Rand Paul explains foreign policy views to Jewish leaders

(CNN)Meeting with a friendly group of Jewish leaders on Monday, Sen. Rand Paul was asked to clear up perceptions that he's an "isolationist" and not a strong enough supporter of Israel.

The Kentucky Republican faced $1 million in negative television ads from a hawkish group during his first week as a presidential candidate but his political team doesn't see the opposition as much of a problem as it might have been two or three years ago.
"People who say things in the media that are your competitors, will say things that sometimes aren't true," he said. "But I think we've made great progress."
Paul: Clinton did not do her job properly at State Dept.
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    Paul: Clinton did not do her job properly at State Dept.


Paul: Clinton did not do her job properly at State Dept. 02:04
    Paul's comments came in an appearance at the National Society for Hebrew Day Schools headquarters in Brooklyn, New York, just days after he declined an invitation to speak at the Republican Jewish Coalition in Las Vegas.
    Paul has been working to reframe narratives that he's too dovish on foreign policy, particularly when it comes to Israel. Critics point to his call to ultimately end all foreign aid, including to Israel, saying the Jewish country will be better off in the end if it can be completely independent.
    The senator mentioned that he's met with Jewish leaders in 10 different cities and held numerous meetings in his Washington office. He also referenced his "Stand with Israel" bill, legislation that would end foreign aid to the Palestinian Authority unless it cuts ties with Hamas. He also noted that his campaign's digital guru, Vincent Harris, worked on Israeli Prime Minister Benjamin Netanyahu's recent campaign.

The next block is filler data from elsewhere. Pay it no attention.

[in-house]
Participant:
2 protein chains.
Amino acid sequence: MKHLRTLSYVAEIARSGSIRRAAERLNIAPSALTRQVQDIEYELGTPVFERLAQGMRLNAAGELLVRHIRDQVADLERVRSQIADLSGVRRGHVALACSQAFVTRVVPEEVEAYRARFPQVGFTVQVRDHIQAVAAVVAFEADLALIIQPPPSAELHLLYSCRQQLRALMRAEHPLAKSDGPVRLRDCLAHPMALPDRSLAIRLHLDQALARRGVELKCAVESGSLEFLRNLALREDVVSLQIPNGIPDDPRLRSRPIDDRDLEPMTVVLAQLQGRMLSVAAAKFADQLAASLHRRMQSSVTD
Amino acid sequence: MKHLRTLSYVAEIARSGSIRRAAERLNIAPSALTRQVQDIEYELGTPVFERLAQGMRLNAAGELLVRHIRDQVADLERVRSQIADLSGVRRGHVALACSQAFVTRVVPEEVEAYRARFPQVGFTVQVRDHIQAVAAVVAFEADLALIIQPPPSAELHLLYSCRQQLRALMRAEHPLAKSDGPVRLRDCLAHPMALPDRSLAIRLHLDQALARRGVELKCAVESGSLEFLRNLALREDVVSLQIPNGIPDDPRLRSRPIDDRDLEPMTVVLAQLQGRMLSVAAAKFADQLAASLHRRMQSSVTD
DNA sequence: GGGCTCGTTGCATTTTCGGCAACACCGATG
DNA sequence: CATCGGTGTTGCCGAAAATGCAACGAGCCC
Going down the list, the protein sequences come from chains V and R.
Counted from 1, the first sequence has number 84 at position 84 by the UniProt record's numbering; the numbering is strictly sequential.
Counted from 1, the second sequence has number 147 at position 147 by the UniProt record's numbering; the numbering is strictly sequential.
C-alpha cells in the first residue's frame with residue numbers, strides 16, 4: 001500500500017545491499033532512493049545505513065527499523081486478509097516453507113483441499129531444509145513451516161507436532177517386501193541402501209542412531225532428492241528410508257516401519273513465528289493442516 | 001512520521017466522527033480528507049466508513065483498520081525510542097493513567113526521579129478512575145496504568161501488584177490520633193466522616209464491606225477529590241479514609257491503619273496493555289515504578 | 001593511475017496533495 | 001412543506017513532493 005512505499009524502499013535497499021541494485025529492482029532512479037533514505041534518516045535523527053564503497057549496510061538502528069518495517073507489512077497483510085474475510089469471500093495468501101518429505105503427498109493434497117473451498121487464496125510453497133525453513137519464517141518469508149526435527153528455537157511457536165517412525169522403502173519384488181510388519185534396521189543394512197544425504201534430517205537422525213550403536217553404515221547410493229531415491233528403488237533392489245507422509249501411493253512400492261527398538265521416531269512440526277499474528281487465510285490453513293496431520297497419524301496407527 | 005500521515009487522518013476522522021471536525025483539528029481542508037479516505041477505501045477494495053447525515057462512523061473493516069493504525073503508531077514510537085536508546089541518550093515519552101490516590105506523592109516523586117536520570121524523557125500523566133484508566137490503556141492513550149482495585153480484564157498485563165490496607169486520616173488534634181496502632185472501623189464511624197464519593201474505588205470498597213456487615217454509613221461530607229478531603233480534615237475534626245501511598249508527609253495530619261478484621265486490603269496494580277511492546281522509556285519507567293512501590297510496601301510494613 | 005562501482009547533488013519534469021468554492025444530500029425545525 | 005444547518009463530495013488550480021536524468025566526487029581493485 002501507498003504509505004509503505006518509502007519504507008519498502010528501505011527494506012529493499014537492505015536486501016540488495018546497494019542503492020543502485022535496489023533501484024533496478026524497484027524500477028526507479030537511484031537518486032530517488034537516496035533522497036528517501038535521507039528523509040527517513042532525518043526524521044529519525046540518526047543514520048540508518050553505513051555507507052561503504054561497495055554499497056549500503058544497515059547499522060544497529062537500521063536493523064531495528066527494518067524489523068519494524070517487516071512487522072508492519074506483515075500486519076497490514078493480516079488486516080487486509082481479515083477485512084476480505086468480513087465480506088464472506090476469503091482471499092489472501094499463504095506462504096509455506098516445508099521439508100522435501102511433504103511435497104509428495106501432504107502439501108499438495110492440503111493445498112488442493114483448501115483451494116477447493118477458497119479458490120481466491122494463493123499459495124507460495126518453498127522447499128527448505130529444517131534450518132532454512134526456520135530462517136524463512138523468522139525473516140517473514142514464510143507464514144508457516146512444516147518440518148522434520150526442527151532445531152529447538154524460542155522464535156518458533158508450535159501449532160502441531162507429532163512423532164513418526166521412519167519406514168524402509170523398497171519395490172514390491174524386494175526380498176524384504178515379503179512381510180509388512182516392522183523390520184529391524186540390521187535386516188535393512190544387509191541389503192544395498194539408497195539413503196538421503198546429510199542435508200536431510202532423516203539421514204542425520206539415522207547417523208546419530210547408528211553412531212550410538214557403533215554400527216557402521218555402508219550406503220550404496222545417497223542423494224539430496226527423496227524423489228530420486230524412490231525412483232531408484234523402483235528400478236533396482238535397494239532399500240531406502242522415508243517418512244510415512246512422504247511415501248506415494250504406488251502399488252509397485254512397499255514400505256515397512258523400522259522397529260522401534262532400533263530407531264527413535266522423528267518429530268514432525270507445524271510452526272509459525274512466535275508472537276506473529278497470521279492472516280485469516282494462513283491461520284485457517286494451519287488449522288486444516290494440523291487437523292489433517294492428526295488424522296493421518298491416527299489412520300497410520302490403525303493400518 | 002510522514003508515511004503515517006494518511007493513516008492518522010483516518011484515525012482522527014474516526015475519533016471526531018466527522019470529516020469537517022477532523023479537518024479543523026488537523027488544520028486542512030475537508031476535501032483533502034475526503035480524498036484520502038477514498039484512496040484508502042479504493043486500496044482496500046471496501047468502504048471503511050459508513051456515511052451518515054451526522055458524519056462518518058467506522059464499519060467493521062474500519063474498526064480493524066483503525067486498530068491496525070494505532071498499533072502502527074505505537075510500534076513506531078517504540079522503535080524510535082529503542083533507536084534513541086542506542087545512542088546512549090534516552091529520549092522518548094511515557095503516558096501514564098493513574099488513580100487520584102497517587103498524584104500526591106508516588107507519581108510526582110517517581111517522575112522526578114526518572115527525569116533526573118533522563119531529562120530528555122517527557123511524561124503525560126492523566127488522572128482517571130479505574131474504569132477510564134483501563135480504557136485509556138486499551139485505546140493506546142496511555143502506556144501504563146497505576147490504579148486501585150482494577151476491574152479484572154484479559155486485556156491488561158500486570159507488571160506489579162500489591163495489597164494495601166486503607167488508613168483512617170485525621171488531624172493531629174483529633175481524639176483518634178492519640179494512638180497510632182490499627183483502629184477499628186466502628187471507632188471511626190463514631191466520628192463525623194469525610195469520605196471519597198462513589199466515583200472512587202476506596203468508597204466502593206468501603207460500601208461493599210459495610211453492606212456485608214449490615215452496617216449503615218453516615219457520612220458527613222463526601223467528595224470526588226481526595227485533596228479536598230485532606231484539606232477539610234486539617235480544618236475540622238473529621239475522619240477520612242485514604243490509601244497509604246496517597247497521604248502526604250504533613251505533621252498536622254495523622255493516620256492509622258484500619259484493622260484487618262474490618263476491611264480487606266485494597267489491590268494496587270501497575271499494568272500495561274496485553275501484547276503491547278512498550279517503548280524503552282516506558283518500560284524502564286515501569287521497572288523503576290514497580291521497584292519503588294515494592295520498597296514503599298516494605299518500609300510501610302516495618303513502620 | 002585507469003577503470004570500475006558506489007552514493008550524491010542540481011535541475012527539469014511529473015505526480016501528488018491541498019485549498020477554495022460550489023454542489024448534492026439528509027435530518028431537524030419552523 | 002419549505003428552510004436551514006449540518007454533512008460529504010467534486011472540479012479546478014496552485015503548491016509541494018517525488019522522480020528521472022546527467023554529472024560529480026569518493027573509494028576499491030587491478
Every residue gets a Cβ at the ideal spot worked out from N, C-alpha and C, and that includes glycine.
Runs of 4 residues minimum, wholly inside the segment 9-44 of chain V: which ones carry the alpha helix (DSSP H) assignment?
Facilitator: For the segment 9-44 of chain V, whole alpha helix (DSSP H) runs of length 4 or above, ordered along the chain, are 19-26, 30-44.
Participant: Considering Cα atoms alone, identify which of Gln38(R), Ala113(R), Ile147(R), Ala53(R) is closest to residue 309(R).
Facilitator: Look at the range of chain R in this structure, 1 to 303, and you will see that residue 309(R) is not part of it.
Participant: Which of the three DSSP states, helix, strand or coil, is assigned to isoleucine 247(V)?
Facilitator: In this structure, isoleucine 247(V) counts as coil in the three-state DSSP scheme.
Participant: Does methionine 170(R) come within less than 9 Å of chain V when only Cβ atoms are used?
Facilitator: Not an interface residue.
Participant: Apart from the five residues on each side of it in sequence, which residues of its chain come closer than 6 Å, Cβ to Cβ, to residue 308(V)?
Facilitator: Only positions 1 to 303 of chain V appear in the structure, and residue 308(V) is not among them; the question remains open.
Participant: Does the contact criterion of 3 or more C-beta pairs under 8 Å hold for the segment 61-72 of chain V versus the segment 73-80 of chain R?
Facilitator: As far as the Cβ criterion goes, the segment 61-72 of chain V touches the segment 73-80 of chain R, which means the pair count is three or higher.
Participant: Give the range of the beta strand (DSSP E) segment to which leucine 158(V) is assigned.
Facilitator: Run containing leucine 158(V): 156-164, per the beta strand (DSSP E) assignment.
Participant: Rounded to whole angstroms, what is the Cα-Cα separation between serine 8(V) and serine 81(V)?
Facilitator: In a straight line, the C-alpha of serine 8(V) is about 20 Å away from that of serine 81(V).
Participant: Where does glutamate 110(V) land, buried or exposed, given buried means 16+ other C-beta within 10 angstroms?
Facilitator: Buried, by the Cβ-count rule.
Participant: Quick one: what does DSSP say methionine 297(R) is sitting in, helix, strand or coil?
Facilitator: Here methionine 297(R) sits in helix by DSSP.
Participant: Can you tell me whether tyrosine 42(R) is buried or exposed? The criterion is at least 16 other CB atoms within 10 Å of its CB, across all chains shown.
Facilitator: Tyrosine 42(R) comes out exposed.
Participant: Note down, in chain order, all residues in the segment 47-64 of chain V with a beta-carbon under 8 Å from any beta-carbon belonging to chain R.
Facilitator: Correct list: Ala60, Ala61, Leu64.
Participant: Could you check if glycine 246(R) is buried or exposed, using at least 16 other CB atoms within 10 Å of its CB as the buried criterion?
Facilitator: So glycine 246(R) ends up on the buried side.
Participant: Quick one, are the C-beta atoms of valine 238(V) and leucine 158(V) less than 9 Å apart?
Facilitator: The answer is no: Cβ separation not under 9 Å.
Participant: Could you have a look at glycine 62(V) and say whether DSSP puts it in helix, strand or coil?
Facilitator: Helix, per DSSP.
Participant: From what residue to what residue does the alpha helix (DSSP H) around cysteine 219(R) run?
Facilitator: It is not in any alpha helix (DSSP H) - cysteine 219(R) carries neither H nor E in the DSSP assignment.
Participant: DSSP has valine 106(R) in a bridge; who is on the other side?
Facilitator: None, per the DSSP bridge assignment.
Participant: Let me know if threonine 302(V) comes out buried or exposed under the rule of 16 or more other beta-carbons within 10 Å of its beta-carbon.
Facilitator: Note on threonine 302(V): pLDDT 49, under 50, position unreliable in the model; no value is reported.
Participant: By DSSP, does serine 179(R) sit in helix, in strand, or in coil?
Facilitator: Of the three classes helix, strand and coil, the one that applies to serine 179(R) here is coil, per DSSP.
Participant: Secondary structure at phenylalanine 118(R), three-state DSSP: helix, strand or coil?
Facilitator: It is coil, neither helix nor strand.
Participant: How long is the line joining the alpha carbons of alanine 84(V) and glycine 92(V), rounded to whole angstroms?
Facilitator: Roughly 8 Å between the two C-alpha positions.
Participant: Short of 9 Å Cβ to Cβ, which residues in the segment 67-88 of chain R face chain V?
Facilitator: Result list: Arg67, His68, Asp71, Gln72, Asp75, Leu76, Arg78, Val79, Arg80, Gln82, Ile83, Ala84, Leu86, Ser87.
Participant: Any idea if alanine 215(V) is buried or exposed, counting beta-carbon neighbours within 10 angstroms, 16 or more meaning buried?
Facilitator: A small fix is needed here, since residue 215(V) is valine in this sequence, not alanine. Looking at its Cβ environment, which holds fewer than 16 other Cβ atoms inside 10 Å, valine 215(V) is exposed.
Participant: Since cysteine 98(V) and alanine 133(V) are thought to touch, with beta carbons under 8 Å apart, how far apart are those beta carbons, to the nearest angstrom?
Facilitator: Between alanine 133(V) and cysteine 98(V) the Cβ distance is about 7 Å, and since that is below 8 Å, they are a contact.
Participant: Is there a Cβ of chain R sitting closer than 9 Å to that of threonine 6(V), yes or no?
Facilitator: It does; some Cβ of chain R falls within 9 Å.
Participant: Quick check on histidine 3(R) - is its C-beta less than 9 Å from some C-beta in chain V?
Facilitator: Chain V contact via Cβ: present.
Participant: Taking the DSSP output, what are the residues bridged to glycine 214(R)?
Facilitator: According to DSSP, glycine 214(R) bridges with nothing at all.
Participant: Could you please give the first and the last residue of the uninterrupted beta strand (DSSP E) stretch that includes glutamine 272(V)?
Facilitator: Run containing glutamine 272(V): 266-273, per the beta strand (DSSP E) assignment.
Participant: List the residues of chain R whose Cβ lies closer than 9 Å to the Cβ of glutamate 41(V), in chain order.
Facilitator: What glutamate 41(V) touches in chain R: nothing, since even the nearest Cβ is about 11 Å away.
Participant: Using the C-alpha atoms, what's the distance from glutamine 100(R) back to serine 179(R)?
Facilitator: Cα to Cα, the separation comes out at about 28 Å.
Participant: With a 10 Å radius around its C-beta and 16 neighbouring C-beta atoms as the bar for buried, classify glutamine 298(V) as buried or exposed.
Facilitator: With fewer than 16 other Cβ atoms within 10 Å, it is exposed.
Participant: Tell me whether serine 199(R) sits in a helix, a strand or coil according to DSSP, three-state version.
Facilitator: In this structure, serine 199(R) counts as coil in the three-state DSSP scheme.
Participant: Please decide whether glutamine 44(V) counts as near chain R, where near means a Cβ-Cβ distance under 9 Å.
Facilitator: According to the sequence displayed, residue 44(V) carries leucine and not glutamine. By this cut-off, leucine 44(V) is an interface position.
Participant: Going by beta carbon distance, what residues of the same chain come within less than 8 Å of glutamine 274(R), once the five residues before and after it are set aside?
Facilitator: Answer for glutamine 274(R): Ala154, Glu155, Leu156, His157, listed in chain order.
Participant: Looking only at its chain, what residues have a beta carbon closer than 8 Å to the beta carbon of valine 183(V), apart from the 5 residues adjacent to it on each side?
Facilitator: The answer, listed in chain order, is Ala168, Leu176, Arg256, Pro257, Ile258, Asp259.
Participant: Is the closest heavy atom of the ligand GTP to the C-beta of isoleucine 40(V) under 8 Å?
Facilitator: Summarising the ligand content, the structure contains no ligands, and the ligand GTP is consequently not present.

On the interim deal that the U.S. reached with Iran over its nuclear development program, Paul said he favored continued negotiations but also pointed to how he sided with Senate Republicans who wrote a letter to Iran saying any deal must be passed by Congress.
    "The interim agreement that we are under now, while not perfect, is better than no agreement and no inspection. And it's better than the military option, frankly," he said.
    "The people who say 'This will be done if we just bomb the Iranians,' I think they're simplifying what might happen if we bomb the Iranians," he said. "It could be that it steels their resolve and they have a nuclear weapon within in a year, and we're in a worse case."
    Paul said he differs with other Republicans when it comes to putting troops on the ground in the fight against ISIS. While he supports the bombing campaign, he reiterated that he opposes sending U.S. soldiers to Syria, saying it should be Arab boots from the region instead.
    "There are times you fight, times you don't," he said, adding that a vote for war should go through Congress. "We should have an intelligent debate about it, but we shouldn't just be doing it by the whim of a president."
    He also repeated an argument he's made frequently on the campaign trail, that sometimes toppling a secular dictator in Muslim countries can lead to further unrest because it allows for radical extremists to take hold.
    "It was a mistake to topple Hussein" in Iraq, he said, making the same point about Moammar Gadhafi in Libya.